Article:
T20Q - top twenty questions for forestry and landscapes is a project within the broader Evidence-Based Forestry (EBF) initiative, led by CIFOR and its partners.
T20Q is a global project that allows you to have your say about issues of importance.
From May through November 2014 we collected your questions of high priority for research and policy in forestry and landscapes. We indexed and sorted over 2500 of these questions and arranged them into the most commonly-occurring themes that emerged from the indexing exercise. These were ranked by you during December.
We counted up all the scores and produced a final set of Top Twenty Questions.
There were three main ways in which people engaged with the T20Q project.
The first online survey was launched in May 2014 to collect questions. We also asked for brief details about respondents - which part of the world people are from, what type of organisation they are working in, how old they are, whether they are female or male, etc. Those responses will remain confidential.
We promoted T20Q through Twitter @Forestry_Q using the hashtag #t20q and collected some questions along the way. Many of the people who were active on Twitter are pictured on the homepage displaying some of their priority questions. We are very grateful to them!
During the year we engaged with people at conferences and workshops, asking them to submit questions to T20Q. We were very encouaraged by people’s enthusiasm for the project.
T20Q sees forestry from a broad and inclusive perspective and we are deliberately not defining terms rigidly.
There is a lot of focus currently on Sustainable Development Goals (SDGs) - they may not specifically mention forestry, but forests make positive contributions across most of the goals. Your questions can reflect this way of thinking about forestry.
More traditional, or perhaps technical, ways of viewing forestry - silviculture, forest management, plantations vs natural forests, tree breeding, timber production - still have relevance, of course. T20Q will capture your questions on these topics.
We want to encourage as many people as possible to engage and join the conversation about what issues are most important for research and policy. The online survey will allow you to submit your questions in one of the four broad categories at the centre of the schematic. Later the T20Q team may review in which categories each are most appropriate. They will be grouped into many different focal topics that reflect the variety of priorities that emerge from your questions.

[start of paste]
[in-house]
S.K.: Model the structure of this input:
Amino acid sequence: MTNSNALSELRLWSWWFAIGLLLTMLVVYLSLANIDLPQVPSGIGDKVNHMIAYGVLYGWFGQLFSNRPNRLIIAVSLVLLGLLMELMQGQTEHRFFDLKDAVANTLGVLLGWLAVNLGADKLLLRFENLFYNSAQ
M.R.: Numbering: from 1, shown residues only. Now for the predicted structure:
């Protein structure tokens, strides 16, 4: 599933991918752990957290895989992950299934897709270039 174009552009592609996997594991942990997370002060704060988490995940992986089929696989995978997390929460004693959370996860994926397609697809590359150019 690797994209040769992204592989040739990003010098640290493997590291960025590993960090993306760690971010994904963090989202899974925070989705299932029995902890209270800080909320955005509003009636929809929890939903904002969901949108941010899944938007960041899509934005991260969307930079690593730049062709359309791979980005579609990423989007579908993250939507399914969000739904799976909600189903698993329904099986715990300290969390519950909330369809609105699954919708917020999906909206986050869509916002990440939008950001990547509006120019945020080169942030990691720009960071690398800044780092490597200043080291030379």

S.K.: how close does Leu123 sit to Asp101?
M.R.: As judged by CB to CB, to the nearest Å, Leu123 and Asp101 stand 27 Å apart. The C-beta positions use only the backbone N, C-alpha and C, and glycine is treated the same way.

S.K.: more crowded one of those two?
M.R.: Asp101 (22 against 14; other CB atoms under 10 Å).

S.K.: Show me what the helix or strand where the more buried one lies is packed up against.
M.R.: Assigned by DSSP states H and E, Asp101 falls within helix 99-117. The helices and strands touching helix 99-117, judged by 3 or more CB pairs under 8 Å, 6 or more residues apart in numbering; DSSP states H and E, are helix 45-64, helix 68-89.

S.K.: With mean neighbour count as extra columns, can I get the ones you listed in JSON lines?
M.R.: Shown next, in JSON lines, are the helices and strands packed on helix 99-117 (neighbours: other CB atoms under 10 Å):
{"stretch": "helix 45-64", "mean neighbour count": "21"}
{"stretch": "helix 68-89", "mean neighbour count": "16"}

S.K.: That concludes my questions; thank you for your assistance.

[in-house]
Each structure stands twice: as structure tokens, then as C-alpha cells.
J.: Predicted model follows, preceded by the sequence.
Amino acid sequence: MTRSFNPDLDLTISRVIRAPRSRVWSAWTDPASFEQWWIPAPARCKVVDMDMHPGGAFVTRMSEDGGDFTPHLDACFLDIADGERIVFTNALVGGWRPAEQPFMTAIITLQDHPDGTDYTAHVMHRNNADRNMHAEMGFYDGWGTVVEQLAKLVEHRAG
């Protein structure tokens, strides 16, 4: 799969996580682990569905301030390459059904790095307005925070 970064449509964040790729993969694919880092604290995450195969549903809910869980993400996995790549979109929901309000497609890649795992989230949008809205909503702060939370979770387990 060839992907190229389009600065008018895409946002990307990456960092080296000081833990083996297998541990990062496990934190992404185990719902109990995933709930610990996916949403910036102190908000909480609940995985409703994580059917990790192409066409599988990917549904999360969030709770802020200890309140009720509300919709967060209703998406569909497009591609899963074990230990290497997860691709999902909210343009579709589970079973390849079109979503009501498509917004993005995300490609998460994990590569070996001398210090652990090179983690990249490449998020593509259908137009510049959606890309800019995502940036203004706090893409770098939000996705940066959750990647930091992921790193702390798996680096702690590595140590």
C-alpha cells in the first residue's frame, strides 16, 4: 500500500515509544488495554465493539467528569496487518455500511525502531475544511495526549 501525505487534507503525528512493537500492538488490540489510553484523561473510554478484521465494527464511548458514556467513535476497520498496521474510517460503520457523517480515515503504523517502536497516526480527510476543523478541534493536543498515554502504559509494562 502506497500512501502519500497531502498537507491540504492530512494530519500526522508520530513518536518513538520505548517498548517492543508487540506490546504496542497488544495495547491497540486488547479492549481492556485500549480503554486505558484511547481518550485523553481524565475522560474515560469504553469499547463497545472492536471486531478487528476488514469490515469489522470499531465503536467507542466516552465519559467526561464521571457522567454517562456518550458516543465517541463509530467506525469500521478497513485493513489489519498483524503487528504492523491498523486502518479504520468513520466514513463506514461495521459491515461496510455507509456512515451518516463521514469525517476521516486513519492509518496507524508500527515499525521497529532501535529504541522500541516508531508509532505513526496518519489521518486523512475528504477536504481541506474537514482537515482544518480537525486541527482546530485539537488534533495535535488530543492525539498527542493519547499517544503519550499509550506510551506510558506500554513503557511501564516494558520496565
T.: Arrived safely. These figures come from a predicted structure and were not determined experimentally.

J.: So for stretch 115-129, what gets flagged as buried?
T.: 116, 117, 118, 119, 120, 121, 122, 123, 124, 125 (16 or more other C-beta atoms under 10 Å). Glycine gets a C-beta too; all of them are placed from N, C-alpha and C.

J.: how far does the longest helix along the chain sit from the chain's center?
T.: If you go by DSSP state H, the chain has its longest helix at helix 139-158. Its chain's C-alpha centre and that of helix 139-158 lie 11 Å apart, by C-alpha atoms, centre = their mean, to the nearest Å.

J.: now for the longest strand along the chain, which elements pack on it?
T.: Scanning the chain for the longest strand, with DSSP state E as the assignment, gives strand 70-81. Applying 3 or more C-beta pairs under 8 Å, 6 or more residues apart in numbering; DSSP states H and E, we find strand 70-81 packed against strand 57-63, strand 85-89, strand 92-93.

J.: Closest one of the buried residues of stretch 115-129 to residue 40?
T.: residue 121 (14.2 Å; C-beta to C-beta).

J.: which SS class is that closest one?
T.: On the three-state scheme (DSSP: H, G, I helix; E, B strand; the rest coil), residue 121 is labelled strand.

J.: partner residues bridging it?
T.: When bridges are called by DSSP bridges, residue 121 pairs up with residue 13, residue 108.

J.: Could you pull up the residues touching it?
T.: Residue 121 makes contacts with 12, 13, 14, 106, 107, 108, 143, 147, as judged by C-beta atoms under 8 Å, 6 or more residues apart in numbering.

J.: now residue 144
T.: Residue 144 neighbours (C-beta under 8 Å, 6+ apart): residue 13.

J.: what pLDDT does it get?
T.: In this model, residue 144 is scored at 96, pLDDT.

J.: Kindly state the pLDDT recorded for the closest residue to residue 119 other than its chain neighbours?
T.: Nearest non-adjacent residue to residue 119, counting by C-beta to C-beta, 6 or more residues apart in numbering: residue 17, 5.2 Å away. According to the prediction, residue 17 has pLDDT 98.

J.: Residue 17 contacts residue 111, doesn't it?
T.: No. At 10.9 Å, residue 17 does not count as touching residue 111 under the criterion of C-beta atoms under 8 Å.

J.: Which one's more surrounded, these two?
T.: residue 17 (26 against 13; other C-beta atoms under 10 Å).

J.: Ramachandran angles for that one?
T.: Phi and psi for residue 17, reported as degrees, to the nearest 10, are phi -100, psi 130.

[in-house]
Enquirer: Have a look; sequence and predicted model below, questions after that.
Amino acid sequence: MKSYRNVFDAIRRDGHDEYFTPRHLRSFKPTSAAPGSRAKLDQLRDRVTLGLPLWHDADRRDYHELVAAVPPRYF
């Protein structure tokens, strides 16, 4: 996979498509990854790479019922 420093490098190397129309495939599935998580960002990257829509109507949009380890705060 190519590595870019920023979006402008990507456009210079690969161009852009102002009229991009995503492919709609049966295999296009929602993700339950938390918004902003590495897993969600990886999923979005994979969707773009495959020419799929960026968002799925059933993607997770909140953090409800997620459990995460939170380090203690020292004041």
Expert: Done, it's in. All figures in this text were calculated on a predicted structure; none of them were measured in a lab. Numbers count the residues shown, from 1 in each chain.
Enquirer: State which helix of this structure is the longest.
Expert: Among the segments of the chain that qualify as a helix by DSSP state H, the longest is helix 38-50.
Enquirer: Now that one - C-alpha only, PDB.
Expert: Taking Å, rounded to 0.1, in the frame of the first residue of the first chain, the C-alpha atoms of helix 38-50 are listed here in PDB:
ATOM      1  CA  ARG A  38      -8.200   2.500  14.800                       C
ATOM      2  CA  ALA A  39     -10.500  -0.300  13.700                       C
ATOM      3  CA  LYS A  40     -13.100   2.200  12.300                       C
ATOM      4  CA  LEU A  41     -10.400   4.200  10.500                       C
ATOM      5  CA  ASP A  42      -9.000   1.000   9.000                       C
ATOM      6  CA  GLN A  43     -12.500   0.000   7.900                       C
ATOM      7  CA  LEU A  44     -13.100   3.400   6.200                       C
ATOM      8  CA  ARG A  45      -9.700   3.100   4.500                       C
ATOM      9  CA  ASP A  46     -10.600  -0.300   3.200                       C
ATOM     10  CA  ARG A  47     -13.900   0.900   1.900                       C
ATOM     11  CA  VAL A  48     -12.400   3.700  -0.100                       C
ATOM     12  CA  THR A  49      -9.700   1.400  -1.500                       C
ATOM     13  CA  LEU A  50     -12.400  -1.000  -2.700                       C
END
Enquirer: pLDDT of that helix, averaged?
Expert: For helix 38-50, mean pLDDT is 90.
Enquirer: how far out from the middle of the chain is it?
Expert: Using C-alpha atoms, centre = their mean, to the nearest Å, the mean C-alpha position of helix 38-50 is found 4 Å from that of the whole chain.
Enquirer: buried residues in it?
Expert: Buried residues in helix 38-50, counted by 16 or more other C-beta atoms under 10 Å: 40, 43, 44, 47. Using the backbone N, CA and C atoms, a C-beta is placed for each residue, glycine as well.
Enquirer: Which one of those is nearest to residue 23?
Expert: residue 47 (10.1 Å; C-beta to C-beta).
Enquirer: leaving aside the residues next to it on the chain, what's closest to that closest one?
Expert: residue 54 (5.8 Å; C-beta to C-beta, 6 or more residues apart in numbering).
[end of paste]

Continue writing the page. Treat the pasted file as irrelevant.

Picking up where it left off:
Think broadly - if any aspect of forestry or trees in the landscape is important to you then we want to hear from you.
Think about scale - your priority questions may have relevance only to your location, or they may have wider relevance. We want questions at any scale.
T20Q - top twenty questions for forestry and landscape - is a project within the broader Evidence-Based Forestry (EBF) initiative, led by CIFOR and its Partners. EBF is a “collaboration without walls” that aims to improve the quality and relevance of science and policy in forestry and landscape management.
There is growing interest in widening public participation in environmental decision-making and an awareness of the importance of framing research questions which reflect policy needs. T20Q builds on earlier exercises that identified key forestry and conservation priorities (read more). It will encourage broad ‘stakeholder’ involvement in a bottom-up approach to finding out what people view as the questions of high priority for research and policy. This is why we are making it as easy as possible for you to engage and submit your questions - online and at workshops.
Outputs from T20Q can feed directly into the question-framing element of EBF, but they can also be used for many other purposes - to suggest new research or policy agendas, reveal knowledge gaps, and open up areas for further discussions across disciplines.
The project will use an iterative internet survey approach, coupled with workshops, to determine what the priorities are for forestry and landscapes research and policy. This project will foster conversations between individuals and organisations with an interest in setting priorities for research, policy and ultimately practice.
Questions submitted through in Phase 1 have been sorted and organised into topics that reflect the most frequently-occurring themes. These are presented in sets of questions for further consolidating online through a ranking process.
We initially collecting questions in broad themes but the themes presented in Phase 2 reflect the most frequently-occurring topics that emerged from the questions submitted in Phase 1. There are 7 cross-cutting themes in the Phase 2.
Over 2500 questions have now been sorted into 7 broad themes that reflect the most frequently-occurring topics and themes emerging from these questions.